Rural bosses seek solar incentives for villages

Hong Kong rural leaders are calling for incentives to encourage villagers to install solar equipment on their rooftops.

Junius Ho, a Legco member and Tuen Mun village chief, has called on the government to provide tax concessions and an easing on village housing restrictions.

The Heung Yee Kuk, the peak body of rural committees, has also begun a campaign for solar energy concessions, reports.

Ho, whose New Territories West constituency covers Lantau, told that rooftops of small houses were “ideal” for solar panels.

He says the the government should offer incentives to villagers, “like land rent or property rates waivers” as well as exemption from rooftop building regulations that might be regarded as illegal structures.

For example, it is currently illegal to place anything on the roof of the stair-housing, which is a natural site for a solar system.

Ho and the kuk are arguing that the expanded use of solar power can help the city reach its carbon emission target.

At present, Hong Kong gets 48% of its energy from coal, 27% from natural gas and the remaining 25 per cent from a combination of nuclear and renewables. The aim is to cut carbon emissions from 6.2 tonnes per capita in 2014 to below 4.5 tonnes by 2020 and eventually to as low as 3.3 tonnes, according to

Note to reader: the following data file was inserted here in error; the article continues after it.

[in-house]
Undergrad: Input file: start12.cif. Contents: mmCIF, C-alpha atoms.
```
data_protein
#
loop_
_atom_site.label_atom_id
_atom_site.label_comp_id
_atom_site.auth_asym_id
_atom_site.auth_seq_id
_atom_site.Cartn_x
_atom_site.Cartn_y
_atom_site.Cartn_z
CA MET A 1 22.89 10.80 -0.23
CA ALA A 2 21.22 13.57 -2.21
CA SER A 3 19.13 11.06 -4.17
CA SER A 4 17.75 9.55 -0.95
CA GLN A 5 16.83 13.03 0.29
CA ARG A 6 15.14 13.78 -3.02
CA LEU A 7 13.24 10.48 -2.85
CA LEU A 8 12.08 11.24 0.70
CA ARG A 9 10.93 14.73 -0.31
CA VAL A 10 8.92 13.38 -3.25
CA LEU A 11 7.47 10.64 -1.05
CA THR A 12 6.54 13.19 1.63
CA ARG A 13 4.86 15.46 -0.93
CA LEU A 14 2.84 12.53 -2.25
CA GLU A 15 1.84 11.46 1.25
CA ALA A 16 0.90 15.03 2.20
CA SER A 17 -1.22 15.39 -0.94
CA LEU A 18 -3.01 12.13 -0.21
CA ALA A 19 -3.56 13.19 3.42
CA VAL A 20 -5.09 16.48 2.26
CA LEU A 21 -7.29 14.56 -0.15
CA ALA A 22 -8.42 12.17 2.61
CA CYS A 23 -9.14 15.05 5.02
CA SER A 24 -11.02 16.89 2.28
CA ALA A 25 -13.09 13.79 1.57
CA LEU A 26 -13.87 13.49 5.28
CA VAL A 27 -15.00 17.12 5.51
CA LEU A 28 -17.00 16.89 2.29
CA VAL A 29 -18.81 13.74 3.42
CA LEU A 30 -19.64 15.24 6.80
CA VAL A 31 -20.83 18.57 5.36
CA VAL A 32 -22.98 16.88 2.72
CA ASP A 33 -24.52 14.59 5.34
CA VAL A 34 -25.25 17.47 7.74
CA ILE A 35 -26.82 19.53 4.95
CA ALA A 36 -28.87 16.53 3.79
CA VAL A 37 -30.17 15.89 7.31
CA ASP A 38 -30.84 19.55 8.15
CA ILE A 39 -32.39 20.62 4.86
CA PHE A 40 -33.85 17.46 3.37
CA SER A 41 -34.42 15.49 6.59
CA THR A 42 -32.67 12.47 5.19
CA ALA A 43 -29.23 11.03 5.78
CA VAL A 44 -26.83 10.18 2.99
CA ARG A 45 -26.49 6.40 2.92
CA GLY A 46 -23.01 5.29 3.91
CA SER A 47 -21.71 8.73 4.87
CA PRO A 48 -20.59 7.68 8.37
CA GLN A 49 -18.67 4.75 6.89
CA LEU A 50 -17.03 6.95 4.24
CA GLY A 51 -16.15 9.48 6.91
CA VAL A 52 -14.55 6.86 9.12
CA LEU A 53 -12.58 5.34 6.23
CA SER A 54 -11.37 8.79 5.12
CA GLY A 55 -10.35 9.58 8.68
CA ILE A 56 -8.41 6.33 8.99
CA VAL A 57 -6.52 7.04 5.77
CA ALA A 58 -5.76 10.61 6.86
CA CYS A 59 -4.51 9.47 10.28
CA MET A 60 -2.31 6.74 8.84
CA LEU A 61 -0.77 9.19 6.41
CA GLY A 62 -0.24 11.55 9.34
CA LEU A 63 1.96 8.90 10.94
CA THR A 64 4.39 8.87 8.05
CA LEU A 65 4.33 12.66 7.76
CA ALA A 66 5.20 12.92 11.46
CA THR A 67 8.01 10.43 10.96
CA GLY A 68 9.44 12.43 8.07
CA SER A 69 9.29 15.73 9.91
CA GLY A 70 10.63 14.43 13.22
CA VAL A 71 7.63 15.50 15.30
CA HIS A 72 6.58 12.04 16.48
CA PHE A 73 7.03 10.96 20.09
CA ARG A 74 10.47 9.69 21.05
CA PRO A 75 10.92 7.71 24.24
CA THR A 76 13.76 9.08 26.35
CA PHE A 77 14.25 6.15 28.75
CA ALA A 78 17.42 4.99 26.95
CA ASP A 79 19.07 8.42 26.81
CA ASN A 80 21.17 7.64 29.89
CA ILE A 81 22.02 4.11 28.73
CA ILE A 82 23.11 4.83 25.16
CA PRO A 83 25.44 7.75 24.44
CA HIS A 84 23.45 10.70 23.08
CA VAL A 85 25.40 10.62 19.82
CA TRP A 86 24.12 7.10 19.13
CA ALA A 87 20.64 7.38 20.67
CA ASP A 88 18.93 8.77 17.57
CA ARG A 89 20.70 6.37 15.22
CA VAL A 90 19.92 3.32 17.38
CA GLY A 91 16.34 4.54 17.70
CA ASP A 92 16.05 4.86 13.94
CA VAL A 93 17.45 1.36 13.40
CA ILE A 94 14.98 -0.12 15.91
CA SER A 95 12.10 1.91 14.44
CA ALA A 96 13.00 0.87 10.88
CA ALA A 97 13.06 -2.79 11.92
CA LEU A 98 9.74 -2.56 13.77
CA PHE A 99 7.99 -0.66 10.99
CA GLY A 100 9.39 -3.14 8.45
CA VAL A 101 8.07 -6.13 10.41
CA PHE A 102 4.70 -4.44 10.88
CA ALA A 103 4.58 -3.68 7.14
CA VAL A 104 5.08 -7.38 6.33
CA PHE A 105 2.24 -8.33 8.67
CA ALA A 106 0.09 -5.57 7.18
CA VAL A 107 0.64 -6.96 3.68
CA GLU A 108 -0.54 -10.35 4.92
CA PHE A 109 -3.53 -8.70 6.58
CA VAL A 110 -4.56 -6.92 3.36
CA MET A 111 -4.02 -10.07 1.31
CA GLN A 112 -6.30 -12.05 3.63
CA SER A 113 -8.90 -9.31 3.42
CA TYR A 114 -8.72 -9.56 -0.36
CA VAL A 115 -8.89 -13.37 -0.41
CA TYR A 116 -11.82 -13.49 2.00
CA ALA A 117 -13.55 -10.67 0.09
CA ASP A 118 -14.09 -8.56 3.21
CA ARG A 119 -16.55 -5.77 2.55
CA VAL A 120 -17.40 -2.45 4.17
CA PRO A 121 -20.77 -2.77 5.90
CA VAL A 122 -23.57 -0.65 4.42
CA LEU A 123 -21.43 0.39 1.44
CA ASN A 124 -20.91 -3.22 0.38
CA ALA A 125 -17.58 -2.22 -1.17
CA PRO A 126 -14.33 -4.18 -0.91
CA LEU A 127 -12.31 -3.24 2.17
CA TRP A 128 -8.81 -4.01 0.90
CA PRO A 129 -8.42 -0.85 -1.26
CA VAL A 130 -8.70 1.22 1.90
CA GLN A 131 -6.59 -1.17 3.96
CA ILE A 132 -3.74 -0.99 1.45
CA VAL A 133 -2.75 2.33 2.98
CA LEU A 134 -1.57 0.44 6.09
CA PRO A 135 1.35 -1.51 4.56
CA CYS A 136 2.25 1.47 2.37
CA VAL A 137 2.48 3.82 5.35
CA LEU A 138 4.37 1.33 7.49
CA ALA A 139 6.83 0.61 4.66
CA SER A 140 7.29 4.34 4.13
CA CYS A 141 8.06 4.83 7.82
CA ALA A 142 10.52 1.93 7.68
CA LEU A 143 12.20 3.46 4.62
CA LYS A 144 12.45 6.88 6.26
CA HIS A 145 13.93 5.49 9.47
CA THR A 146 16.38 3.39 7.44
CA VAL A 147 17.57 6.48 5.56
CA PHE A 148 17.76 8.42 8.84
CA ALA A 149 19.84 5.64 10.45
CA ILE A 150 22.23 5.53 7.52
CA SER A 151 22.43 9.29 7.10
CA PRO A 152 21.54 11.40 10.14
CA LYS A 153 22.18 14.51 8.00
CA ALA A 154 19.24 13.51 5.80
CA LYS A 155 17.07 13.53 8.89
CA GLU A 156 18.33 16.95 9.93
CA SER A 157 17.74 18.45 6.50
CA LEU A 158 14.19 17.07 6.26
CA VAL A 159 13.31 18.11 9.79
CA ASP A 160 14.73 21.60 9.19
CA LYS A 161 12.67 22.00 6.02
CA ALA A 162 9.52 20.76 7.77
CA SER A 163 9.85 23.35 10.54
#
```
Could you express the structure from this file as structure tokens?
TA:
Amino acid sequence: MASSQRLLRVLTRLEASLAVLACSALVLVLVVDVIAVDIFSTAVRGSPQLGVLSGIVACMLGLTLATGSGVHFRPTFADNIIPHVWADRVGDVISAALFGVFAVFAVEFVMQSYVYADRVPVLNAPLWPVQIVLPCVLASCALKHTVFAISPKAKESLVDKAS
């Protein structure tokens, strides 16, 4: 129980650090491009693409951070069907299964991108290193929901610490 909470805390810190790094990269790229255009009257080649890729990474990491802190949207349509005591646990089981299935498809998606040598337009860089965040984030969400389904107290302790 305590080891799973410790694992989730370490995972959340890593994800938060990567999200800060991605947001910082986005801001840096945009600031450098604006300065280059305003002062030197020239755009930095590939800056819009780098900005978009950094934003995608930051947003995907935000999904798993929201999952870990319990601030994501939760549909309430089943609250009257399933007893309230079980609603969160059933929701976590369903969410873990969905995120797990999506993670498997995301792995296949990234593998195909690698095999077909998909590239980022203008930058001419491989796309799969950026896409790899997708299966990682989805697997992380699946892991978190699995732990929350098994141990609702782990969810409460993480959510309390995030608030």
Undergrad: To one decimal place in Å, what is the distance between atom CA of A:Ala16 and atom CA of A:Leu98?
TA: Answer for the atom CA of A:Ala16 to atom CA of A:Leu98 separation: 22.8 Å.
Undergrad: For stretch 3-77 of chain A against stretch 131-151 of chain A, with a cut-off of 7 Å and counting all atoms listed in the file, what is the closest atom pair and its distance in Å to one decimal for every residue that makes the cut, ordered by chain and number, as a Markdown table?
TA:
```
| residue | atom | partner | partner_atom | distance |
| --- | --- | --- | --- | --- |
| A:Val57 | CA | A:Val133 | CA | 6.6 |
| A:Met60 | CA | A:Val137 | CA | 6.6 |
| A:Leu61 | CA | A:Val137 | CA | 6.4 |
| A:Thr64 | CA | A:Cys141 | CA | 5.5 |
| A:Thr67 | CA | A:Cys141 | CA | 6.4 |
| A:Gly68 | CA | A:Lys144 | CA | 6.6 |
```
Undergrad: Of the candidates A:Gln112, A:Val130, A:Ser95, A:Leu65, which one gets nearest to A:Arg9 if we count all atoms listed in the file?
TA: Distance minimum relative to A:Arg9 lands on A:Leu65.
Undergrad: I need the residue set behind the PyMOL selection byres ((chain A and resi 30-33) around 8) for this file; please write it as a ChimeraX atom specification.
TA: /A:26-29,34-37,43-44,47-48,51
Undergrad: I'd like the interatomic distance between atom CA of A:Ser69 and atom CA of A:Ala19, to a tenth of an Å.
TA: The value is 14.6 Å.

Hong Kong lags behind its neighbours in its use of solar energy, which is widely deployed across China, Singapore, South Korea and Australia.

But one expert warns of a political backlash if the government gives preferential treatment just to indigenous villagers.

“It could be politically sensitive,” said Daphne Mah, director of the Asian Energy Studies Centre at Baptist University.

“Some non-indigenous villagers may think it is a double benefit because the indigenous villagers have already been allowed free land to build a house of their own.”

WWF HK last year ran a pilot project in Tai O (above) to show that 25 sq metres of solar panels could supply half of the power required by a four-member household. The system cost HK$87,500.

The group believes solar energy can meet more than 10% of the city’s energy needs.

Islands District vice-chairman Randy Yu backed the trial and also called for government support.

“Incentives like capital subsidies and providing technical support for rooftop solar installations can drive installation capacity in small-scale housing estates in the Islands district and in rural areas.

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